The UK has been buzzing recently with the option to renationalize water utilities. Michael Gove, Secretary of State for Environment, Food and Rural Affairs, outright said that water utilities have gotten “a range of things wrong” and “need to improve” or face tougher regulation. Gove isn’t the only one complaining, Jeremy Corbyn’s Labour Party already promised that if it comes to power the sector will undergo major changes. As John McDonnel, Shadow Chancellor of the Exchequer (part of British parliamentary opposition), put it: “Rail, water, energy, Royal Mail – we’re taking them back.”
The provision of sectors such as water, energy and telecom occurred in 1989, originally meant to meet the funding gap created in the 1980s as a result of inflation. Thus came to be ten new water companies Gove rightly described as “natural monopolies”- regulated by the Drinking Water Inspectorate (DWI) and the Environment Agency when it comes to quality and Ofwat in regards to billing. And while both parameters show high scores and efficiency throughout the years, complaints from the public only keep growing. Concerns have been raised around insufficient investment of revenues back into the sector- which leads to high levels of borrowing and a debt of nearly £40 billion. What’s worse, dividend payments in the last decade have been higher than actual post-tax profits- add to that a debt interest of nearly £500 million and the result is a water bill that’s £100 higher a year for each UK household.
The rising level of dissatisfaction is loudly echoed in the media, and it’s only amplified by the expanding bills. The numbers, of course, are confusing- and depend on who you ask. Utilities claim that bills are 30% less now than they would be if the sector were public. This “what if” scenario is contested by a National Audit Organization (NAO) report from 2015 which claims water bills are actually 40% higher since the privatization. In a sense, renationalization makes sense, as studies showed that it can cut company costs by £2.3 billion. It’s an especially appealing solution now that cities like Paris and Berlin have taken back the reins of the local water sector. However, other studies (Social Market Foundation) show that renationalization might actually cost more than it would save– around £90 billion. What’s more, it’s a known fact that while utilities might have their problems they did invest in improvement and infrastructure far more than the government did, around £85 billion in the first 20 years since 1989. Considering all those facts makes giving a satisfactory solution a little more complicated.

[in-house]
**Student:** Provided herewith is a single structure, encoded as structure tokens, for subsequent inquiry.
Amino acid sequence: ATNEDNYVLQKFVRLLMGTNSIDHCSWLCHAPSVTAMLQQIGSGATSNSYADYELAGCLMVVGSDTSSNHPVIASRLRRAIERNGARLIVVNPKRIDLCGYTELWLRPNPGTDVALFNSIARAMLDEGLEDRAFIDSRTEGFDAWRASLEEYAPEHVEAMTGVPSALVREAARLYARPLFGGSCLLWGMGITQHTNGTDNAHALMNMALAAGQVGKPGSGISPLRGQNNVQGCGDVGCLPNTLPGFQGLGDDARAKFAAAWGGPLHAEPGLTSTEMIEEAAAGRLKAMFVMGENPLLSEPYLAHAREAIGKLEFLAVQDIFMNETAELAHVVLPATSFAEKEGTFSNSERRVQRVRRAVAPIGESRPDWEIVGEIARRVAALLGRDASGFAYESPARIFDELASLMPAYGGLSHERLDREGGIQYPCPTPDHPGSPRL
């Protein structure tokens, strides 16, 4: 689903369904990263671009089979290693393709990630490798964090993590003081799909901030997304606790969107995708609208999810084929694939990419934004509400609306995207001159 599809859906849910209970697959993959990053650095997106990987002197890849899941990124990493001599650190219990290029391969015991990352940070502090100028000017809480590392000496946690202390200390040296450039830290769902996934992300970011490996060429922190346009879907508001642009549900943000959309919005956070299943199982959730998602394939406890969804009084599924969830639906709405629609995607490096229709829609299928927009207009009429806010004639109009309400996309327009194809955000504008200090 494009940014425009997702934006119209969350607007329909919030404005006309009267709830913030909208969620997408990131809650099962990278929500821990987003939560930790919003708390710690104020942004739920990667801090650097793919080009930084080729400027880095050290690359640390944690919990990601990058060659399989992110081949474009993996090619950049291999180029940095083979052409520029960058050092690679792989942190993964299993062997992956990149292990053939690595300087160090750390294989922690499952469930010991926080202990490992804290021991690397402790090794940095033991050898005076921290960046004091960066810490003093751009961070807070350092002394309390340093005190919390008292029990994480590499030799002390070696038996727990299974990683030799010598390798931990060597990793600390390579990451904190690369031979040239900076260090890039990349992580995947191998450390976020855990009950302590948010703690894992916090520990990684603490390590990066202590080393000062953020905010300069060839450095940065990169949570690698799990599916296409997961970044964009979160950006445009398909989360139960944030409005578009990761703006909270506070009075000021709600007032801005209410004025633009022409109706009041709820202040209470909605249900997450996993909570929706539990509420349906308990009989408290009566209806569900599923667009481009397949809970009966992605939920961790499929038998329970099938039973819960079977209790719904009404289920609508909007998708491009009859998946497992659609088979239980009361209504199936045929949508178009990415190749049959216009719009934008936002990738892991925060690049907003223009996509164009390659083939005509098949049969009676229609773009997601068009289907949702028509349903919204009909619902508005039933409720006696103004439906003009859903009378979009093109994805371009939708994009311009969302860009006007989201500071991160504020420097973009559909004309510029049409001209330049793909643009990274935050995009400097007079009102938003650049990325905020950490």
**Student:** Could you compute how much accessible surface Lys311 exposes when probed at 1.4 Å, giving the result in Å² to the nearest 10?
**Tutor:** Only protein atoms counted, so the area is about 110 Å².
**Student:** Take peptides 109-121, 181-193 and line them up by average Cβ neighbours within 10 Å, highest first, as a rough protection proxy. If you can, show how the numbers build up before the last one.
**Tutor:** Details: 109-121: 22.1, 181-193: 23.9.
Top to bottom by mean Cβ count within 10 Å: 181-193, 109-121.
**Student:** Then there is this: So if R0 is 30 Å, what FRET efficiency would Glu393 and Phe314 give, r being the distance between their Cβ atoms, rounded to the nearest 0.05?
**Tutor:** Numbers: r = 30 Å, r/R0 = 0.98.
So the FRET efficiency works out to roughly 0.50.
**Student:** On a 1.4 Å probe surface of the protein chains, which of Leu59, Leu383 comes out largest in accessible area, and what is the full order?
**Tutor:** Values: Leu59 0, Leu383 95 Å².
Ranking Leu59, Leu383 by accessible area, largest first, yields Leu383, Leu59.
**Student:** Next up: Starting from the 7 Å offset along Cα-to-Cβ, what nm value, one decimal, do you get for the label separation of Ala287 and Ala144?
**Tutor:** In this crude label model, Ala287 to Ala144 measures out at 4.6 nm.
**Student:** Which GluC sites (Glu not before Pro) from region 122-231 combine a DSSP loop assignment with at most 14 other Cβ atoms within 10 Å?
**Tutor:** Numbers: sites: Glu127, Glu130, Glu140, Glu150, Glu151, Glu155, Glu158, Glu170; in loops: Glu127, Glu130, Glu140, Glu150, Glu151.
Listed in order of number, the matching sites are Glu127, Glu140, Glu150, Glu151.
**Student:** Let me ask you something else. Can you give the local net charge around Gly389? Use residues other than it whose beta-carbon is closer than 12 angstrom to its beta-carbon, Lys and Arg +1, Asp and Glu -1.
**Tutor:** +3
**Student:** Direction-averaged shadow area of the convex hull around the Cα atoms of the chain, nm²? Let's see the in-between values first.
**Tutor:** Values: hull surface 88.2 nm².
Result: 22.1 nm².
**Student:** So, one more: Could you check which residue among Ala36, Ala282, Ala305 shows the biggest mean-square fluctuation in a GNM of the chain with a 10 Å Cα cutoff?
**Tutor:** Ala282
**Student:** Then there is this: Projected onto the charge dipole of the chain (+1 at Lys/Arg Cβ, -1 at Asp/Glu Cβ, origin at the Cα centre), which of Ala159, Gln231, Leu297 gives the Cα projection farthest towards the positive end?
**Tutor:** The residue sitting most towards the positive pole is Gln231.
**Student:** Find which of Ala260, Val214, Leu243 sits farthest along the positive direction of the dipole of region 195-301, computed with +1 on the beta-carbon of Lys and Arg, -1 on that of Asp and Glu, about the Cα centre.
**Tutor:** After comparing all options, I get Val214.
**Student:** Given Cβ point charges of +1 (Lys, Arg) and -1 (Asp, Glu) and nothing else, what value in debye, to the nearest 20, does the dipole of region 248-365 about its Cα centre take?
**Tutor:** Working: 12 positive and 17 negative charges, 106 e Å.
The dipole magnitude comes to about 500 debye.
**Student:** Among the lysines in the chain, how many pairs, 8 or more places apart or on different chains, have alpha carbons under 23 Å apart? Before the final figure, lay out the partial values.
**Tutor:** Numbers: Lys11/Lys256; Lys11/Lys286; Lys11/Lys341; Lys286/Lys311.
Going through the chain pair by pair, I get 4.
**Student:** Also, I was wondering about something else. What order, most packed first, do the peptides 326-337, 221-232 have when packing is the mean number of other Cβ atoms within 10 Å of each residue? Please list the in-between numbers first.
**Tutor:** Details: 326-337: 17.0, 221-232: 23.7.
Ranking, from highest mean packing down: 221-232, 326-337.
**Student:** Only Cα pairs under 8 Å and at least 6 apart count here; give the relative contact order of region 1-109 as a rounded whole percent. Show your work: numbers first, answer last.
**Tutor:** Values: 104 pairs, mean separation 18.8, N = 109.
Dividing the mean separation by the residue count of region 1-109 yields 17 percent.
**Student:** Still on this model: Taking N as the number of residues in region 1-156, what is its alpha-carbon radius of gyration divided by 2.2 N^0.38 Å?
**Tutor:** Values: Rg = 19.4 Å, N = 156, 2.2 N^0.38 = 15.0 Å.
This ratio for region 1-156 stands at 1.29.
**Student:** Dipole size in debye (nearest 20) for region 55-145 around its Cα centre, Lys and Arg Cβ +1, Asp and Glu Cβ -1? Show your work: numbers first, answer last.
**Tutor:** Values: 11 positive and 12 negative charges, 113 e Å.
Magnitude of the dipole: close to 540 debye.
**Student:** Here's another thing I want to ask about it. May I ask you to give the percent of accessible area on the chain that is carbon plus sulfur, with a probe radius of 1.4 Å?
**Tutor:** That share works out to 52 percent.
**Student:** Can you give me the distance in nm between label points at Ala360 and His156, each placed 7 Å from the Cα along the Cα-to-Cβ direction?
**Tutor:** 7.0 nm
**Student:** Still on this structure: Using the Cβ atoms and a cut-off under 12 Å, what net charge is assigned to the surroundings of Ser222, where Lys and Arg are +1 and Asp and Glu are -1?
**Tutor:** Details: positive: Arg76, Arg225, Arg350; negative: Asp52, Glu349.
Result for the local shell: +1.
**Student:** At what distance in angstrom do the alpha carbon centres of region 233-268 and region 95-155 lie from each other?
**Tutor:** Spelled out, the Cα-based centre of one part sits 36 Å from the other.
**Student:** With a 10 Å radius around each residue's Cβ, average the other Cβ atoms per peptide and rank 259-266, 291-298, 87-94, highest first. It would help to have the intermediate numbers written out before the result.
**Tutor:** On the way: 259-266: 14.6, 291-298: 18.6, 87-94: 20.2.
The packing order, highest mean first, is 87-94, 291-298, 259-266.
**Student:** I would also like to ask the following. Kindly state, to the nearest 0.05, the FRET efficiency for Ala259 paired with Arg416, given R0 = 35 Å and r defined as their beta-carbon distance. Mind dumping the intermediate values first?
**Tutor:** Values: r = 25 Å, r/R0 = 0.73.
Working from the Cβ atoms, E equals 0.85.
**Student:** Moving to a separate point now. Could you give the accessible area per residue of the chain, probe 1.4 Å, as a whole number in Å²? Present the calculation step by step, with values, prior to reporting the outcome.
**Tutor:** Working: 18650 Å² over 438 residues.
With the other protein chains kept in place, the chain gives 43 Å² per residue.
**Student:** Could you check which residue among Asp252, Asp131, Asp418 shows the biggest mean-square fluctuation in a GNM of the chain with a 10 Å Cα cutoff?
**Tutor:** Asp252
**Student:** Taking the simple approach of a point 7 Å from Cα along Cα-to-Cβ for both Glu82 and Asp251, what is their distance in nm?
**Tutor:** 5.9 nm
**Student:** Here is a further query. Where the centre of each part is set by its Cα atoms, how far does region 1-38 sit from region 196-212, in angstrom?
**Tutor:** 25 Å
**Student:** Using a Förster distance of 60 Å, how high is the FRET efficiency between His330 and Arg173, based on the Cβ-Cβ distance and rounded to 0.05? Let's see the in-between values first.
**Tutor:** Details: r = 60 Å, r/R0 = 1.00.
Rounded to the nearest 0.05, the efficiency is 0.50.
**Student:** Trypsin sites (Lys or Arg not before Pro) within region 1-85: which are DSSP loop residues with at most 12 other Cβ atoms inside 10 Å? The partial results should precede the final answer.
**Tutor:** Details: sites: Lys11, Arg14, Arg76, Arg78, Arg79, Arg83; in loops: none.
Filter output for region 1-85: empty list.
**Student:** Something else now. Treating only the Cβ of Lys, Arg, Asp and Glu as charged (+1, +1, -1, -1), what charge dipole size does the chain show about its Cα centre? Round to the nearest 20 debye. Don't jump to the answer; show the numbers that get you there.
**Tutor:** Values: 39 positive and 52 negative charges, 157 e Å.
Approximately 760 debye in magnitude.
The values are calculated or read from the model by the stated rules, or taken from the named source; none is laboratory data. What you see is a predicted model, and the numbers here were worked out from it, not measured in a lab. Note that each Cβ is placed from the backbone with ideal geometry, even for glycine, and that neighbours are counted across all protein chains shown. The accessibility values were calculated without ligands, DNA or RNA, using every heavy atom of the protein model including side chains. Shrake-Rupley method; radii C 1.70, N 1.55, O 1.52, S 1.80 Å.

The UK isn’t the only country where water utilities face such critique. Israel, where until 2001 water was the responsibility of local authorities, now also has a semi-privatized market. With 55 utility companies the Israeli sector is definitely more fragmented than the one in the UK, yet the complaints are similar. Israeli State Comptroller, Yosef Shapira, stated last year that “some utilities are run carelessly, to the point of it being absolutely outrageous”- a brazen declaration which exemplifies the rising demand for renationalization of the sector, just like in the UK. It is no wonder that a similar bill was promoted during the current term, and is still on the table. Yet the situation in Israel is even less complex; as local authorities effectively control utility companies (full public ownership), making them responsible for Shapira’s complaints. One of the salvageable traits of the Israeli hybrid system is that with better consumer sensibility and a tighter leash it could be the safe-middle the UK is looking for: something between public and private- efficient, yet tightly controlled.